The sixth Lubavitcher Rebbe, Rabbi Yoseph Yitzchak Schneersohn, may his merit shield us, was once staying in an apartment building and learned that on the fifth floor there lived a tailor who professed to be anti-religious.
The Rebbe asked to be taken in his wheelchair to see him.
His hosts tried to dissuade him, arguing that the tailor was a very hostile, disrespectful person. Nevertheless, the Rebbe, having survived the ivsektzie in Russia and the Nazis in Poland, insisted.
They rang the doorbell of the apartment and when the tailor opened the door and saw the Rebbe he said: “I think you have the wrong address, Rabbi.”
The Rebbe answered him: “Not at all. Are you not a tailor by trade? I came to ask you to sew a button on for me.”
The tailor replied: “I do not think that you’ve come up five floors with the sole objective of asking me to sew a button on for you.”
“And I don’t think your soul came down so many “flights” with the sole purpose of sewing buttons,” the Rebbe replied with a twinkle in his eye.
We are currently in the month of Elul, the month of the annual balance in which we analyze our behavior during the outgoing year and take upon ourselves resolutions for the coming year. How do we evaluate our successes and failures?
First of all, we need to know what the objectives are. What is the purpose for our being born, and why do we exist?
I am reminded of the story of the Chassid that went to spend the High Holidays with his Rebbe in the village of Lubavitch. He was a poor man and set out from his shtetl by foot. It was a journey that would take him a week to complete. Many carriages passed him by, but he plodded along with his humble mode of travel.
When he was but a few kilometers away from his destination, he recognized the driver of a passing carriage, a native of his own shtetl, and waved. The man, recognizing him, brought his horse and buggy to a stop. “Come, Moishe! I’m going home and I have an empty carriage. I can take you, with pleasure, free of charge!”
“Thank you very much for your kindness,” replied the Chassid. “But, what good will it do me to travel for free to the east, if I have to get to the west?”
If one is not clear about the raison d’être of his existence, how can he tell if he is moving closer or farther away?
On August 13, the New York Times published the opinion of Mr. Ronald S. Lauder, President of the World Jewish Congress, in which he expresses his concern about certain realities both in Israel and in the Diaspora as well as the relationship between their respective Jewish communities.
I will not comment here on the issues resolved by the Israeli government that he refers to there. What I do want to comment on is his definition of what the Jewish People’s raison d’être is and its link to the Land of Israel.
He begins by saying: “For 4,000 years, the Jewish people were seen as the world’s moral compass.”
So far, so good.
What Mr. Lauder does not clarify is the reason for this privileged role; admired, challenged, hated and persecuted for millennia.
He then goes on to speak of a “new” Judaism of which he is a proud member and at the same time about how difficult it is for its adherents to pass the torch to the new, indifferent, generation. He speaks of the internal union of the Jewish people as if it were an end in and of itself, without defining who belongs to it and why the Jewish people needs to exist altogether. What is, according to his understanding, our raison d’être, to establish a democratic society in the Middle East?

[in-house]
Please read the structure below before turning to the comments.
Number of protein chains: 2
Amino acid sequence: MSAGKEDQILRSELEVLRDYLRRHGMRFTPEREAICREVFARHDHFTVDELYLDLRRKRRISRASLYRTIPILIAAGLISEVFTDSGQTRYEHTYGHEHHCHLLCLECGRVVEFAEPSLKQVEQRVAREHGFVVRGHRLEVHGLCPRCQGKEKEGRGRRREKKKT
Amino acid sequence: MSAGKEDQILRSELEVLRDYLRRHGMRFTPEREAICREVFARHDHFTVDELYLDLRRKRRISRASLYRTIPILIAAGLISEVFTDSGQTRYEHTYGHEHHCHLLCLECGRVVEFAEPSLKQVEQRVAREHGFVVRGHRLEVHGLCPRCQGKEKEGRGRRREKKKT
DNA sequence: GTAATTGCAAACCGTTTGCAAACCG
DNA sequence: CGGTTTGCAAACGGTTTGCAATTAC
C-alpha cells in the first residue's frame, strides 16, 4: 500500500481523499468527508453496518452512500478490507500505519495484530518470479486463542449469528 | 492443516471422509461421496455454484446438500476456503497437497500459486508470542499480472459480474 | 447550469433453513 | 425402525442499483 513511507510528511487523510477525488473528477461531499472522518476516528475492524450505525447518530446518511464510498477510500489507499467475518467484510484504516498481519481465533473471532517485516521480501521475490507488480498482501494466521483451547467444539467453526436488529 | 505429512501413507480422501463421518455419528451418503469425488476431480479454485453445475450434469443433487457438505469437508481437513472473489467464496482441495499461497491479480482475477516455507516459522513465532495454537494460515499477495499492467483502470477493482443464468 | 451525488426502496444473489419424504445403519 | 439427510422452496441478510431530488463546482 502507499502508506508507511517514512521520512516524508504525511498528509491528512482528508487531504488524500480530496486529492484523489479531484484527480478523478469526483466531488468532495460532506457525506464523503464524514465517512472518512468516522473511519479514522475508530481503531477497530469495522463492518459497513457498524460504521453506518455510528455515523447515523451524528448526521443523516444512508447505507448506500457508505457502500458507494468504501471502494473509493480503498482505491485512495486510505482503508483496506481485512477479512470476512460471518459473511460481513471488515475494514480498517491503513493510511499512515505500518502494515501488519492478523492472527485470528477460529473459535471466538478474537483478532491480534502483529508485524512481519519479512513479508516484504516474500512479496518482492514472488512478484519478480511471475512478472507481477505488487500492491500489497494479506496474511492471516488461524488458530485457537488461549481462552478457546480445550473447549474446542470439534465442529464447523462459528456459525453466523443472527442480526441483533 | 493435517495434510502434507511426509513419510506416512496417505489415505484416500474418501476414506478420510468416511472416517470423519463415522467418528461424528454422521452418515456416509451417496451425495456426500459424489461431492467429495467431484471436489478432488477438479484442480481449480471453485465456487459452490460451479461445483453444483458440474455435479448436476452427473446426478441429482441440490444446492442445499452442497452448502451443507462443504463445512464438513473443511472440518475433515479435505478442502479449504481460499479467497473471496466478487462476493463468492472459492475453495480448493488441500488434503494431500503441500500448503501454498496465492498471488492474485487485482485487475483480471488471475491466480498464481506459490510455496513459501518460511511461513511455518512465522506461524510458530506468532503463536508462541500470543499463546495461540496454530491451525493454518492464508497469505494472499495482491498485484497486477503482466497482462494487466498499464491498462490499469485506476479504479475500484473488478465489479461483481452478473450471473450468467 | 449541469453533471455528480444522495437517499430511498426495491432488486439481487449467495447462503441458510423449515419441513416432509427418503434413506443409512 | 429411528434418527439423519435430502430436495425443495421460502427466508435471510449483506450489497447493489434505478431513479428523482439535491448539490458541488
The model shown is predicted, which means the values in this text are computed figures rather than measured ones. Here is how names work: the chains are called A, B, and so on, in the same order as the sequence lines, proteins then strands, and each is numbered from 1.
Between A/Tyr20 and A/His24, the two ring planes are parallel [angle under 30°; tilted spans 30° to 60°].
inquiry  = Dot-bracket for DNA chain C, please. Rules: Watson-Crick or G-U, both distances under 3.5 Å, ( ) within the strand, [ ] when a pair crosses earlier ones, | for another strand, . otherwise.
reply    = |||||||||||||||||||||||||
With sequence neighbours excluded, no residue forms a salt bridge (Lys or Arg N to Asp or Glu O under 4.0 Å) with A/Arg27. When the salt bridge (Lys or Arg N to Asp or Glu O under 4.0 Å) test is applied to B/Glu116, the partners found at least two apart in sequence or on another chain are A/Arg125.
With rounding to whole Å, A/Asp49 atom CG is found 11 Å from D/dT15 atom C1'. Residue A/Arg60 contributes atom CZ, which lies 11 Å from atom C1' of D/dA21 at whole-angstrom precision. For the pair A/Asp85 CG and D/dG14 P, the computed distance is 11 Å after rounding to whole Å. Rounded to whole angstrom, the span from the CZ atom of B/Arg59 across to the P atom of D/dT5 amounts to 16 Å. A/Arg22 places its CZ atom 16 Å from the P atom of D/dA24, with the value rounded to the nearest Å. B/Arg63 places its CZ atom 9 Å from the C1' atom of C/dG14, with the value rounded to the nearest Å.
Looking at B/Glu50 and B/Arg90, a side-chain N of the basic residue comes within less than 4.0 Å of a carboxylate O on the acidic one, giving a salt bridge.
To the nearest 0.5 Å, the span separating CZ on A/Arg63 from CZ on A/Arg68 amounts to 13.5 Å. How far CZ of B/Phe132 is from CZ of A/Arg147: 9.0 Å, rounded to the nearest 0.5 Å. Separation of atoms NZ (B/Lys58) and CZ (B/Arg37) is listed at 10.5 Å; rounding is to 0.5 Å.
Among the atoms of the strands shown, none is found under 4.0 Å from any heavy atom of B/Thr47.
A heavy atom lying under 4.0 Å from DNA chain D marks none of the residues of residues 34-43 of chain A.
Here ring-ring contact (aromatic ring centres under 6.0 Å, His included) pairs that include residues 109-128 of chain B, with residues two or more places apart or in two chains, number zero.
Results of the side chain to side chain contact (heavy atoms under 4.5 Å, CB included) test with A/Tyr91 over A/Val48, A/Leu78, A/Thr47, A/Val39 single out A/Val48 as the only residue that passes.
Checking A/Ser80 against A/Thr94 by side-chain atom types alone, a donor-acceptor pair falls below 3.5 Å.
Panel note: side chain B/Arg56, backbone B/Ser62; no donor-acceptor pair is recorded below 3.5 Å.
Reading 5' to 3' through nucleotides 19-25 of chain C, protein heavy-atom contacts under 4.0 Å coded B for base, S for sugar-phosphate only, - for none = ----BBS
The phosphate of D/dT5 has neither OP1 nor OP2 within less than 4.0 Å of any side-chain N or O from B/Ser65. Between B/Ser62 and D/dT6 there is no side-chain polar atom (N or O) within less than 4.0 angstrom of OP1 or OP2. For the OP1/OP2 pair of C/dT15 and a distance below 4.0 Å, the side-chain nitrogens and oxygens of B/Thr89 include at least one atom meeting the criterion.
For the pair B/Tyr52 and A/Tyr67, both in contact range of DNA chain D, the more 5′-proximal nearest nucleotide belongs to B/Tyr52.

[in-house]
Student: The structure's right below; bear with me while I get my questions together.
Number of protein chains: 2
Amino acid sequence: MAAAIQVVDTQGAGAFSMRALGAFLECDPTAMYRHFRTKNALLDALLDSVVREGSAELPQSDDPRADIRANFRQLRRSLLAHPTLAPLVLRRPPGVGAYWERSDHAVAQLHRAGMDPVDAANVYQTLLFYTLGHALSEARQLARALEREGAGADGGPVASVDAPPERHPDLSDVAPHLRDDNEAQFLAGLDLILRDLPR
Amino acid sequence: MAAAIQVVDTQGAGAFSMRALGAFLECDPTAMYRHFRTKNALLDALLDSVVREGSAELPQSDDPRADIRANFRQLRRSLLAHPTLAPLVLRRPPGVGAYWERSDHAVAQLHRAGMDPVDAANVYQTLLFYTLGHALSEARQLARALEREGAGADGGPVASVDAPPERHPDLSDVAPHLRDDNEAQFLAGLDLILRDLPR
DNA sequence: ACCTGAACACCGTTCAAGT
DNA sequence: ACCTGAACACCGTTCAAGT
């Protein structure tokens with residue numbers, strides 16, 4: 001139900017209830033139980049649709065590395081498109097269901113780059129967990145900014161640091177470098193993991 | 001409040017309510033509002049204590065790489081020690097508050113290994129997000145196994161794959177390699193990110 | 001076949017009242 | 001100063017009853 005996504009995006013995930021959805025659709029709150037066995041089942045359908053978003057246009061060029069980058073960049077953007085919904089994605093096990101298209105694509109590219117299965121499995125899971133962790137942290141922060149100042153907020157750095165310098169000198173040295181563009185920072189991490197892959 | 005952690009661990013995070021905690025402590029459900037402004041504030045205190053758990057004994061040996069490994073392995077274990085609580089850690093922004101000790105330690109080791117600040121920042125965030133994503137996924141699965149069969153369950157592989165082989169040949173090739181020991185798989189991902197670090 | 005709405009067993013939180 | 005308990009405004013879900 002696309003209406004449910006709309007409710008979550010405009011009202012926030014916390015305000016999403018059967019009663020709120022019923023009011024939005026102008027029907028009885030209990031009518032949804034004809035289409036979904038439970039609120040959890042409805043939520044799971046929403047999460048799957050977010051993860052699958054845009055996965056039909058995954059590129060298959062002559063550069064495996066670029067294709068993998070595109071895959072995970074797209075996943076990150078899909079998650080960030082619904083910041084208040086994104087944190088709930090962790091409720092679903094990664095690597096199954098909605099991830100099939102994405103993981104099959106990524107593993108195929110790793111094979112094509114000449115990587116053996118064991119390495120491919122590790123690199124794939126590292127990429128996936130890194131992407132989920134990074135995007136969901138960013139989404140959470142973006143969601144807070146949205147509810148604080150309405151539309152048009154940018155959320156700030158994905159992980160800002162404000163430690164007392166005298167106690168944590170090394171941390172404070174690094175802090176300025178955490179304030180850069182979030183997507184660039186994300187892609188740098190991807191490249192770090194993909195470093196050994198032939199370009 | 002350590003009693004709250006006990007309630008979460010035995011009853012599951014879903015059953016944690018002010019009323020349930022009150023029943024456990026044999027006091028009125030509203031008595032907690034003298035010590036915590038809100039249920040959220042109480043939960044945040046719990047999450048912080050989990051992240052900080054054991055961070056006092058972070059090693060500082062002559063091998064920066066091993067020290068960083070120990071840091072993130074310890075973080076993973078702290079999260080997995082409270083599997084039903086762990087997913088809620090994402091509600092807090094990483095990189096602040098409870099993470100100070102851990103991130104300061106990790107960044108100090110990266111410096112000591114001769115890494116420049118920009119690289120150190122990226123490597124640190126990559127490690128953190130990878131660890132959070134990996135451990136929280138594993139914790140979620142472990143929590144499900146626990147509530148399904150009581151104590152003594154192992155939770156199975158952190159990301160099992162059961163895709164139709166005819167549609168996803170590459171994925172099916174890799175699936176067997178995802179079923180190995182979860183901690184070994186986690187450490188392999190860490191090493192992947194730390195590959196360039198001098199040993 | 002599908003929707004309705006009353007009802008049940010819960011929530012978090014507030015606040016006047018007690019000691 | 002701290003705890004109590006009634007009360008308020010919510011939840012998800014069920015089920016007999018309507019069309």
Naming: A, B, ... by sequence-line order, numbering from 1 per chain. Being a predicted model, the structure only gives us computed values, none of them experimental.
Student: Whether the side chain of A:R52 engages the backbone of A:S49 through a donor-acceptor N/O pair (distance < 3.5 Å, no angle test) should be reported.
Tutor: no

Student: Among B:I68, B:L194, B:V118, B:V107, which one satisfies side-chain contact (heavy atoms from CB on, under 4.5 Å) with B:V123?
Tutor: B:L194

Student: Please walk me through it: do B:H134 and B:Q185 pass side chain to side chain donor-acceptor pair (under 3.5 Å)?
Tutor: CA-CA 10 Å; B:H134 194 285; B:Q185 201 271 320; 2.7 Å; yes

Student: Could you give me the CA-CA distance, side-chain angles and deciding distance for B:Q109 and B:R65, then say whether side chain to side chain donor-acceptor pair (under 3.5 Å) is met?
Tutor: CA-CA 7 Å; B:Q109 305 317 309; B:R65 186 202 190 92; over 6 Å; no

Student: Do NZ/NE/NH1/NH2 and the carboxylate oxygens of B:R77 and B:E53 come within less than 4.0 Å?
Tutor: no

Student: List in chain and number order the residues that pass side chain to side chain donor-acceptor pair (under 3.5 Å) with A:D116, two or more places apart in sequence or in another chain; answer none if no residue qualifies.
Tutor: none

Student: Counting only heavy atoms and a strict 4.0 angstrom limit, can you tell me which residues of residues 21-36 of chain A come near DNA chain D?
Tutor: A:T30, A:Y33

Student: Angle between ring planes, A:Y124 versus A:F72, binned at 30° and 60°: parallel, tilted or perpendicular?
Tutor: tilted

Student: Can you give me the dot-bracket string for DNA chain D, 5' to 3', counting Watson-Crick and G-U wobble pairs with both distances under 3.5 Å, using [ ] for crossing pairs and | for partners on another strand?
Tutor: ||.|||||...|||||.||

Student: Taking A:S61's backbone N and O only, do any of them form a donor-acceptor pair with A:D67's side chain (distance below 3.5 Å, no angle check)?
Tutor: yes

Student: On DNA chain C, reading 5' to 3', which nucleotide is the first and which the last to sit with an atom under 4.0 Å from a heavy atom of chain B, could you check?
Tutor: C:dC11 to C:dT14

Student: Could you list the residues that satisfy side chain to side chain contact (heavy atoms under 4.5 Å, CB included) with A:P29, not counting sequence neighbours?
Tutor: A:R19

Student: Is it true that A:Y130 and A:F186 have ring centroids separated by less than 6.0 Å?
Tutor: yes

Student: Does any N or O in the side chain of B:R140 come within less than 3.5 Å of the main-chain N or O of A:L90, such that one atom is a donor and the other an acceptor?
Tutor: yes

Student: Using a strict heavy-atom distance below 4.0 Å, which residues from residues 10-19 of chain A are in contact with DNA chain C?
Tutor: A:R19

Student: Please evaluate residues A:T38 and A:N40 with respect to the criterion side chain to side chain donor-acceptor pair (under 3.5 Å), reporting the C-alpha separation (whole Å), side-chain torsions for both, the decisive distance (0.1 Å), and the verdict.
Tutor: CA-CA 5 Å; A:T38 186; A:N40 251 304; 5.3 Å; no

I do not think that Mr. Lauder will read these lines, but I am sure that many who identify with his way of thinking will do so. It is to them that I direct my words.
Let us not be tempted by the empty and free carriages that travel in direction we are not going in.
The first Jew, our patriarch Avraham, was known as Avraham Haivri, the Hebrew. Ivri means “from the other side”. The simple reason for this title is the fact that when he, a native of Ur – today Iraq – arrived in Canaan, he had done so from the “other side” of the Euphrates. Our sages point out that there is also a deeper reason. Everyone in those days was on the side of paganism and idolatry and Avraham was, alone, on the “other side”, on the side of Monotheism. He did not choose to be on the “other side” simply because he was a rebel or anti-establishment. Why then? Man naturally gravitates towards certain behavior and it takes a great level of intelligence, piety, honesty, perception and sacrifice to fight against one’s nature and do the right thing instead of what is more convenient. It is not very popular to do so. Quite often you end up alone. It is usually easier to do what you want to rather than what G-d wants us to.
It was the unconditional commitment to the Divine moral code revealed at Sinai that was the common denominator of our history and resulted in the Jewish people being seen as the world’s moral compass for over 4,000 years.
Our ancestors were willing to die in order not to betray this legacy and responsibility. The “new” version of Judaism, divorced from its vital Divine roots, of which Mr. Lauder speaks, not only fails to inspire someone to die for it, it cannot even get someone to live for it, as he himself so eloquently shares with us — perhaps without realizing it — in his New York Times Op-Ed.
In conclusion: let’s go back to nurturing our connection to our roots, not only because it is the truth, but because it is what will ensure our survival; not only because it will ensure our survival, but because it is the truth.
We did not come this far merely in order to “sew buttons.”